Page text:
Canada's progress and growth in industrial development is strongly reflected in the statistical record of her mineral production. An annual record has been published since 1886, in
which year the total value of the production was a little in excess of ten million dollars, or $2.23 per capita of population. In 1912 the value of the production according to revised statistics now completed was $135,048,296, or nearly $19 per
capita, the preliminary record published in March last showing a value of $133,127,489 having been exceeded by nearly two million dollars. Comparing last year's production with that of the years immediately preceding we find an increase over the 1911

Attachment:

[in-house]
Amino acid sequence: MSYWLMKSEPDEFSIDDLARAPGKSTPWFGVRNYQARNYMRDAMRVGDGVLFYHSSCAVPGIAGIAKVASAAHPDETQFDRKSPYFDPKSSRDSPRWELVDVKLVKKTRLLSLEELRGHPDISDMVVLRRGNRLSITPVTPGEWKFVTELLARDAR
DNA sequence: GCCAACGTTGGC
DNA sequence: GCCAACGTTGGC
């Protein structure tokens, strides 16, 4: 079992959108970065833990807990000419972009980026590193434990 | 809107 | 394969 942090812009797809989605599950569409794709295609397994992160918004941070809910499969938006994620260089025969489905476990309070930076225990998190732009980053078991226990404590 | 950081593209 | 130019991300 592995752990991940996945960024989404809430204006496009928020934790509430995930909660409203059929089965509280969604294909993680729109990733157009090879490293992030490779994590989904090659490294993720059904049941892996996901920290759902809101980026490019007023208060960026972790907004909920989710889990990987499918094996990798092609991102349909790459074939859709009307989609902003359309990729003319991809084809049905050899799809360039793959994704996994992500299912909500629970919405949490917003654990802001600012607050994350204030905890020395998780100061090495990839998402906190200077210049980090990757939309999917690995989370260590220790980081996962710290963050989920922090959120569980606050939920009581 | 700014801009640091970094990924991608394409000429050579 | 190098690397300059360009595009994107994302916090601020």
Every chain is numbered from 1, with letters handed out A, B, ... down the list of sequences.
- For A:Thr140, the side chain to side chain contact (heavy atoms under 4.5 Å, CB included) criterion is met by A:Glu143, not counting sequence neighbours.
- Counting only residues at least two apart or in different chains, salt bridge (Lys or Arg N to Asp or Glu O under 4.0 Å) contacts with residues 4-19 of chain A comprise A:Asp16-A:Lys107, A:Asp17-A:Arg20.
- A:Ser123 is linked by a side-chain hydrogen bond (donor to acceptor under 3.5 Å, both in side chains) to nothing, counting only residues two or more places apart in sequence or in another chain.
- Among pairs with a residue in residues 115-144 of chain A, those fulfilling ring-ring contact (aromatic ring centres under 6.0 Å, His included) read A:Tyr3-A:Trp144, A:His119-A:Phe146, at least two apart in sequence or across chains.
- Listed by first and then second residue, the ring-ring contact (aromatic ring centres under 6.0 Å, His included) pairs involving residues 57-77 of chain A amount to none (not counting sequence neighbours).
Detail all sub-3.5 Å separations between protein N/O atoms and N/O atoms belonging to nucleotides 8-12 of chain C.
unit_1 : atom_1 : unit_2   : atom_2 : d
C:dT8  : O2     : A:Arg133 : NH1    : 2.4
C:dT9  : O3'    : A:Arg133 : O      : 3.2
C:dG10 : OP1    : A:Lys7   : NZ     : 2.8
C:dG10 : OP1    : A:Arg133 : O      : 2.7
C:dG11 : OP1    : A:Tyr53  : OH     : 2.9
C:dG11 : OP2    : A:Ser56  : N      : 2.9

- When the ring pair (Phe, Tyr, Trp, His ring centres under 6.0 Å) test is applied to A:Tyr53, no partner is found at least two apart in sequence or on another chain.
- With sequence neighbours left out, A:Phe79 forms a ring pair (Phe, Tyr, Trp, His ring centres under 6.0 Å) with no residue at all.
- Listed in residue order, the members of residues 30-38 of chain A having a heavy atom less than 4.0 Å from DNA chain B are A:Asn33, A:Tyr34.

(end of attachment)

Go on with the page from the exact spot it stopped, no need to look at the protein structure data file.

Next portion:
value of output of $31,827,302 or 30.8 per cent. It will be remembered, however, that the mineral output in 1911 was somewhat restricted owing to long extended labour disputes in the coal mines of Alberta and British Columbia, and was less than that
of 1910, in which year the production was valued at $106,829,623 or $14.93 per capita, and the highest record up to that year. Compared with 1910 the production in 1912 still shows an increase in total value of $28,224,673 or 26.5 per cent, and an
increase in per capita production from $14.93 to $18.27 or 22.3 per cent.